Aruna Shanbaug spent 42 years in a vegetative state in Mumbai’s KEM Hospital before dying of natural causes in 2015. Her name will forever be associated with India’s still-in-the-making passive euthanasia law, which is in the news as the Supreme Court examines the provision of a “living will” — a person’s right to issue advance directive on the course of his/her treatment, including withdrawal of life support, should such a situation arise.
While the Supreme Court case (decided in 2011) seeking euthanasia for Aruna was dominated by the tussle between the woman who wrote her story and the hospital nurses who cared for her for decades, the essential question in the euthanasia/living will debate is that of consent.
That is, if a patient’s consent is essential for a doctor to treat him/her when he/she is fully conscious, what is it that prevents that consent to be given or withheld in advance, in anticipation of a certain situation?
In its 2011 verdict on the petition to allow euthanasia for Aruna, the Supreme Court had said: “If the doctor acts on such consent (expressed at an earlier date before he/she became unconscious or otherwise incapable of communicating it, as by a living will or by giving written authority to doctors in anticipation of his/her incompetent situation) there is no question of the patient committing suicide or of the doctor having aided or abetted him in doing so. It is simply that the patient, as he is entitled to do, declines to consent to treatment which might or would have the effect of prolonging his life and the doctor has in accordance with his duties complied with the patient’s wishes.” (Aruna Ramchandra Shanbaug vs Union Of India & Ors)
And there is, of course, the question of dignity — one of the reasons for which euthanasia had been sought on Shanbaug’s behalf. In the years since the 2011 judgment, this question has acquired an even higher pedestal in Indian jurisprudence. Dignity was in many ways the backbone of the pathbreaking August 24 Right to Privacy judgment — ‘dignity’ appears no less than 204 times in the 547-page judgment delivered by a nine-judge Bench of the Supreme Court. Denying an individual that dignity in death can hardly have a logical or legal basis.
“To live is to live with dignity,” said the order in Justice K S Puttaswamy (retd) and Anr vs Union of India and Ors. “The draftsmen of the Constitution defined their vision of the society in which constitutional values would be attained by emphasising, among other freedoms, liberty and dignity. So fundamental is dignity that it permeates the core of the rights guaranteed to the individual by Part III. Dignity is the core which unites the fundamental rights because the fundamental rights seek to achieve for each individual the dignity of existence. Privacy with its attendant values assures dignity to the individual and it is only when life can be enjoyed with dignity can liberty be of true substance. Privacy ensures the fulfilment of dignity and is a core value which the protection of life and liberty is intended to achieve.”
Had the provision of a living will existed in 1973 though, it is possible that Aruna would not have benefitted from it. This is because it is unlikely that a person in the prime of her life would imagine that a brutal sexual assault might render her a vegetable for decades. It is also not practically possible to word an advance directive even at an advanced age that foresees all treatment options that may be available in the future in a fast-paced medical world where new breakthroughs happen virtually every day.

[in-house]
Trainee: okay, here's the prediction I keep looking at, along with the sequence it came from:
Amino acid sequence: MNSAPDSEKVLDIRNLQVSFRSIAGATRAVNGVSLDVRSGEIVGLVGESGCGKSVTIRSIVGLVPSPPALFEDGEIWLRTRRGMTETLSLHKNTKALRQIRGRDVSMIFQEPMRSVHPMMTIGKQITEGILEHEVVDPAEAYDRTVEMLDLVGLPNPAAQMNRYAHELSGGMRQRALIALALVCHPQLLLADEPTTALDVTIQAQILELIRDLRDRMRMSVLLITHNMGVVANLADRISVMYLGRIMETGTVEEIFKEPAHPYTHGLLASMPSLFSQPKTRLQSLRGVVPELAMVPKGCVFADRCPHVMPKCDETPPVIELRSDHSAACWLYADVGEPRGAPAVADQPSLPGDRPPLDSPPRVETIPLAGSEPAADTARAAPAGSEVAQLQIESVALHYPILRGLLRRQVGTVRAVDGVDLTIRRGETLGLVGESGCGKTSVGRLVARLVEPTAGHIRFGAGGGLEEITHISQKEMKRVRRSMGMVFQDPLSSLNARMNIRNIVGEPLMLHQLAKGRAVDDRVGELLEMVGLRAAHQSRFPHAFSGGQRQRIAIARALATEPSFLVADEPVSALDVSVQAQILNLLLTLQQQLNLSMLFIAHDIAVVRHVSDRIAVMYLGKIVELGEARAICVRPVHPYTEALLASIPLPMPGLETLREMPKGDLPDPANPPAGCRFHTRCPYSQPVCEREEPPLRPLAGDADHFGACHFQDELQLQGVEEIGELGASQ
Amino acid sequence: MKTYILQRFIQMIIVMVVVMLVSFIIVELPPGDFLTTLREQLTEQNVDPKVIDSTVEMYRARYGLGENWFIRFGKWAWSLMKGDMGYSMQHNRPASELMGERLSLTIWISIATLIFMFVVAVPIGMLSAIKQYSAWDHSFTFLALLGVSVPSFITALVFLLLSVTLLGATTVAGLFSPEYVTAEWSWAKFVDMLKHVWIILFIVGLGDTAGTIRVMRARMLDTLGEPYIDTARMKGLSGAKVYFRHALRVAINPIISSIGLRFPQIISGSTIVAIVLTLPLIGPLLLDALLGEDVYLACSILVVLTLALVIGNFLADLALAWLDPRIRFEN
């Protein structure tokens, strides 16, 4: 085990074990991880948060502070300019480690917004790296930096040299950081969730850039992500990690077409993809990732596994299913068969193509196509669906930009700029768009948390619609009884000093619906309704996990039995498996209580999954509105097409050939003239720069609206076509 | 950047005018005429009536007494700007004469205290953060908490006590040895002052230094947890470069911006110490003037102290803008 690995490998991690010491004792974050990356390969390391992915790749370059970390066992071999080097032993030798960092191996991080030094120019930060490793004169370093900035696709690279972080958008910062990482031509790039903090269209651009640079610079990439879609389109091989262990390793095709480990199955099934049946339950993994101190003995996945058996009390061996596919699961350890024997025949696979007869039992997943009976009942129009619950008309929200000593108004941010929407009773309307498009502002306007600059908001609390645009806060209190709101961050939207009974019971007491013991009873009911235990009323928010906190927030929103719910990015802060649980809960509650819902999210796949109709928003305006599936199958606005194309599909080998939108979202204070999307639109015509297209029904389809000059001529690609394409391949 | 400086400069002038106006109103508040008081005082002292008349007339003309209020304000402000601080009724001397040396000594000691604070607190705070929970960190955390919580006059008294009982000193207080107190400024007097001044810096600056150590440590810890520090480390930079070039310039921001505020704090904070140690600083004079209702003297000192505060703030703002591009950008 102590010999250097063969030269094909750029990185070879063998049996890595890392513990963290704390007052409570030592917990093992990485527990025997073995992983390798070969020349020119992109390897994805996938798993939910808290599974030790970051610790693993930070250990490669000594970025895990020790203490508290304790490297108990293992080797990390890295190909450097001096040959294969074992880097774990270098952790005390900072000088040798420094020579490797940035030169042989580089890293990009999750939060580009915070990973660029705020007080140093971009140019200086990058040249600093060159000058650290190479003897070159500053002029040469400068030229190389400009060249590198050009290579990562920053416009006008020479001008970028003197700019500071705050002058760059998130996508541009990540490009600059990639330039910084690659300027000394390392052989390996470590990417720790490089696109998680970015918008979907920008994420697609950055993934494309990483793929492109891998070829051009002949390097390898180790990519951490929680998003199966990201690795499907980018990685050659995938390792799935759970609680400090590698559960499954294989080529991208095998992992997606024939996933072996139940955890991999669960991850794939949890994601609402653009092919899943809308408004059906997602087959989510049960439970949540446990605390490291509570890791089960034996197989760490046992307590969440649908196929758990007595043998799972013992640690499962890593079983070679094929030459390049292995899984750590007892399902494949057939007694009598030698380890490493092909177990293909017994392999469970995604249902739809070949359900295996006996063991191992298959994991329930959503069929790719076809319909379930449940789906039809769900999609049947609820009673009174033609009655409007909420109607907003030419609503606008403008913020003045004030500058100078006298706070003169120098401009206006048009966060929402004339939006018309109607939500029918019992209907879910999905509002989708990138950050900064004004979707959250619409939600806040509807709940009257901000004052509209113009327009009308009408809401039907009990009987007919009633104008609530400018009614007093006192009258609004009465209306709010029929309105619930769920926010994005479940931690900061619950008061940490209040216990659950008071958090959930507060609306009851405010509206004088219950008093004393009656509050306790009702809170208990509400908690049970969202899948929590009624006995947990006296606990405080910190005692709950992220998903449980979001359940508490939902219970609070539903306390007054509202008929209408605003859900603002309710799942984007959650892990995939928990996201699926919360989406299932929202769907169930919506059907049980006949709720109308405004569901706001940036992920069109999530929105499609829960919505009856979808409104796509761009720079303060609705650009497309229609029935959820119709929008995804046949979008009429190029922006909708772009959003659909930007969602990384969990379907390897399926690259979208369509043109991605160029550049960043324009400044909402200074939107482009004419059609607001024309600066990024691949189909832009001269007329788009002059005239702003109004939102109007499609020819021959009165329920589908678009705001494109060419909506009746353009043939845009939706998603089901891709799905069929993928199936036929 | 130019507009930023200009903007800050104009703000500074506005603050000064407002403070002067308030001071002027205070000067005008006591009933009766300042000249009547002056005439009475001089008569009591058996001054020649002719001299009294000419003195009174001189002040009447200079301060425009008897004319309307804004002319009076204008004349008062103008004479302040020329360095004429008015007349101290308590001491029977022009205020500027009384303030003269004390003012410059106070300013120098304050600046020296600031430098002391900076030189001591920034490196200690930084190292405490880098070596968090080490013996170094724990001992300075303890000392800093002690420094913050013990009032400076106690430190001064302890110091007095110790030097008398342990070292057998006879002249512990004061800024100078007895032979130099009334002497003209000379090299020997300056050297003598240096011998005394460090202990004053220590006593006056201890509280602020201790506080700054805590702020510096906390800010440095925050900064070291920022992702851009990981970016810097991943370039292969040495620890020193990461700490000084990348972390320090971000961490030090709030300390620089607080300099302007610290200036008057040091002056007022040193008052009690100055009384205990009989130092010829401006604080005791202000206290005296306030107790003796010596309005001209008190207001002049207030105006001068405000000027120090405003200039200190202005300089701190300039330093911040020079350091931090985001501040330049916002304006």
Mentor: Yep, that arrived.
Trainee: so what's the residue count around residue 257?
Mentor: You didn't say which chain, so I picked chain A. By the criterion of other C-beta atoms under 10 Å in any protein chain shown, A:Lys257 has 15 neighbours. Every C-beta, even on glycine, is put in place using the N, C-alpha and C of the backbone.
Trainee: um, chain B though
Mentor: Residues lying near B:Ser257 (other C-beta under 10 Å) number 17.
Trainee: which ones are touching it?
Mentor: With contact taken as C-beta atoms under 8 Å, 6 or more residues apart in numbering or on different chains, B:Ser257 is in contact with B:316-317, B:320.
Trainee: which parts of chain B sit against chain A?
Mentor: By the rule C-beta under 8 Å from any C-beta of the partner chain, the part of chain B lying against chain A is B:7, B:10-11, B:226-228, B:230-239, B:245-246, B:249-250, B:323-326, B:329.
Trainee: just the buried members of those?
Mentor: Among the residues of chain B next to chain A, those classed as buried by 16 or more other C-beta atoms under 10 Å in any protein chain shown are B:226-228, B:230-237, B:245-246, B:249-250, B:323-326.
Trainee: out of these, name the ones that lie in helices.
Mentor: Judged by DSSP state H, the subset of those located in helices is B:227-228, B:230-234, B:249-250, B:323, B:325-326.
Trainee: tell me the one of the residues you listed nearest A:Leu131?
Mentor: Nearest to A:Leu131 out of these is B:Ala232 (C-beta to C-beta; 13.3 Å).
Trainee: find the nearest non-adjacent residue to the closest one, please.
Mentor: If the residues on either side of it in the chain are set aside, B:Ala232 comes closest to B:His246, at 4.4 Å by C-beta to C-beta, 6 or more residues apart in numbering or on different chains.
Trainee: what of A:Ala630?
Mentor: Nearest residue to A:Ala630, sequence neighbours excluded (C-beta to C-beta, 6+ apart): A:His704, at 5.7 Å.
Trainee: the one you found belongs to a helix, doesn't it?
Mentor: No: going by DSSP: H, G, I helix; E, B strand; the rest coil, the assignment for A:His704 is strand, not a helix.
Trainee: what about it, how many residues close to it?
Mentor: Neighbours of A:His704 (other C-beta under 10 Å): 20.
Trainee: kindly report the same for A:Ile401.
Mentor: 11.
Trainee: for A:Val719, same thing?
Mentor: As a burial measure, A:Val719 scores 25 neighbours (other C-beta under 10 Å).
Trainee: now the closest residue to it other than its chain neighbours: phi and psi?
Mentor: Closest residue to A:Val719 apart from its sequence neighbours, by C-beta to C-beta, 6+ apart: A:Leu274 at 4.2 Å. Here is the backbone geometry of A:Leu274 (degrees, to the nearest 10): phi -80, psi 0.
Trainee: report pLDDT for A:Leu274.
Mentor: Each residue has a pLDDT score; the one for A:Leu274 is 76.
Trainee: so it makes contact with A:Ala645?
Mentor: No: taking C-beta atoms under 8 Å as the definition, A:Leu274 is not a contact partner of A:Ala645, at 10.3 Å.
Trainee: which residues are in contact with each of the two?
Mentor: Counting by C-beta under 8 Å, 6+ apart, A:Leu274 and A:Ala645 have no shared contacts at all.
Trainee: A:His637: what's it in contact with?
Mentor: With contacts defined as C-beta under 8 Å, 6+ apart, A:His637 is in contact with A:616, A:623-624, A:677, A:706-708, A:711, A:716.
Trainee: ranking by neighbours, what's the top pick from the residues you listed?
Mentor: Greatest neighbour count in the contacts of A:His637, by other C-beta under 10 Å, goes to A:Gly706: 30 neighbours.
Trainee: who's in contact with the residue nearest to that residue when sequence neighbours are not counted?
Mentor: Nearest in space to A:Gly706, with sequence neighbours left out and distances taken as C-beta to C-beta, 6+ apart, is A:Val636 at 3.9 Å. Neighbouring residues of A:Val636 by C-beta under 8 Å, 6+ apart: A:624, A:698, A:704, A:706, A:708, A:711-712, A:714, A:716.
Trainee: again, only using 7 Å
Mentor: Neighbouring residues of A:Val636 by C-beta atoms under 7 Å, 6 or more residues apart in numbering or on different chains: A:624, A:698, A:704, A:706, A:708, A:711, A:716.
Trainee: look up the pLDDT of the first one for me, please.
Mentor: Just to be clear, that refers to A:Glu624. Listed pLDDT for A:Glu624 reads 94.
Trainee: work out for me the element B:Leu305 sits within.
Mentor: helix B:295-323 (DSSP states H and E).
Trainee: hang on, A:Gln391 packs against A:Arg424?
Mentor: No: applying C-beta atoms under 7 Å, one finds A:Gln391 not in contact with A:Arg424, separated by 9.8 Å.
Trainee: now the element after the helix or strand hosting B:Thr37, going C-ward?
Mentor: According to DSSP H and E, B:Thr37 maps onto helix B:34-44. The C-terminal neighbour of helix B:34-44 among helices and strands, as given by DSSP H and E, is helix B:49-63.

This is, in fact, one of the known limitations of living will legislation in countries that have recognised the right of a person to prepare an advance document suggesting measures that should or should not be taken in case their competence to take responsibility for their own healthcare is lost. There is no way a living will provision can be made foolproof requiring no intervention of the doctor or immediate decisionmakers around a person — those inputs will always have to be factored into a law, given that it is not feasible for every person of every age to have a living will for unforeseen circumstances, or to imagine all treatment options that may be available for their particular condition when the time comes for execution of the living will.
The key, therefore, lies in what has been described as training in “good medical practice”. (‘The Future Prospects for Living Wills’, D Greaves: Journal of Medical Ethics, December 1989) “Doctors in both the USA and Britain have an ethical and legal duty to forego medical treatment for incompetent patients who have not made their wishes known, and where the burdens of treatment outweigh the benefits,” the article said.
“Many doctors do not fulfil their obligations to their patients in this respect, either through ignorance or personal conviction, so that overall decisionmaking is variable and arbitrary according to which doctor the patient happens to come under. It may well be that this applies as much to doctors who withhold appropriate treatment in some cases, as well as in the more familiar cases where doctors continue with unduly burdensome treatment.”
In other words, in an ideal world, a living will would not have been required. And in an ideal world, the Centre’s concerns about its misuse — a living will is not recognised in the draft The Medical Treatment of Terminally Ill Patients (Protection of Patients and Medical Practitioners) Bill — too would be misplaced.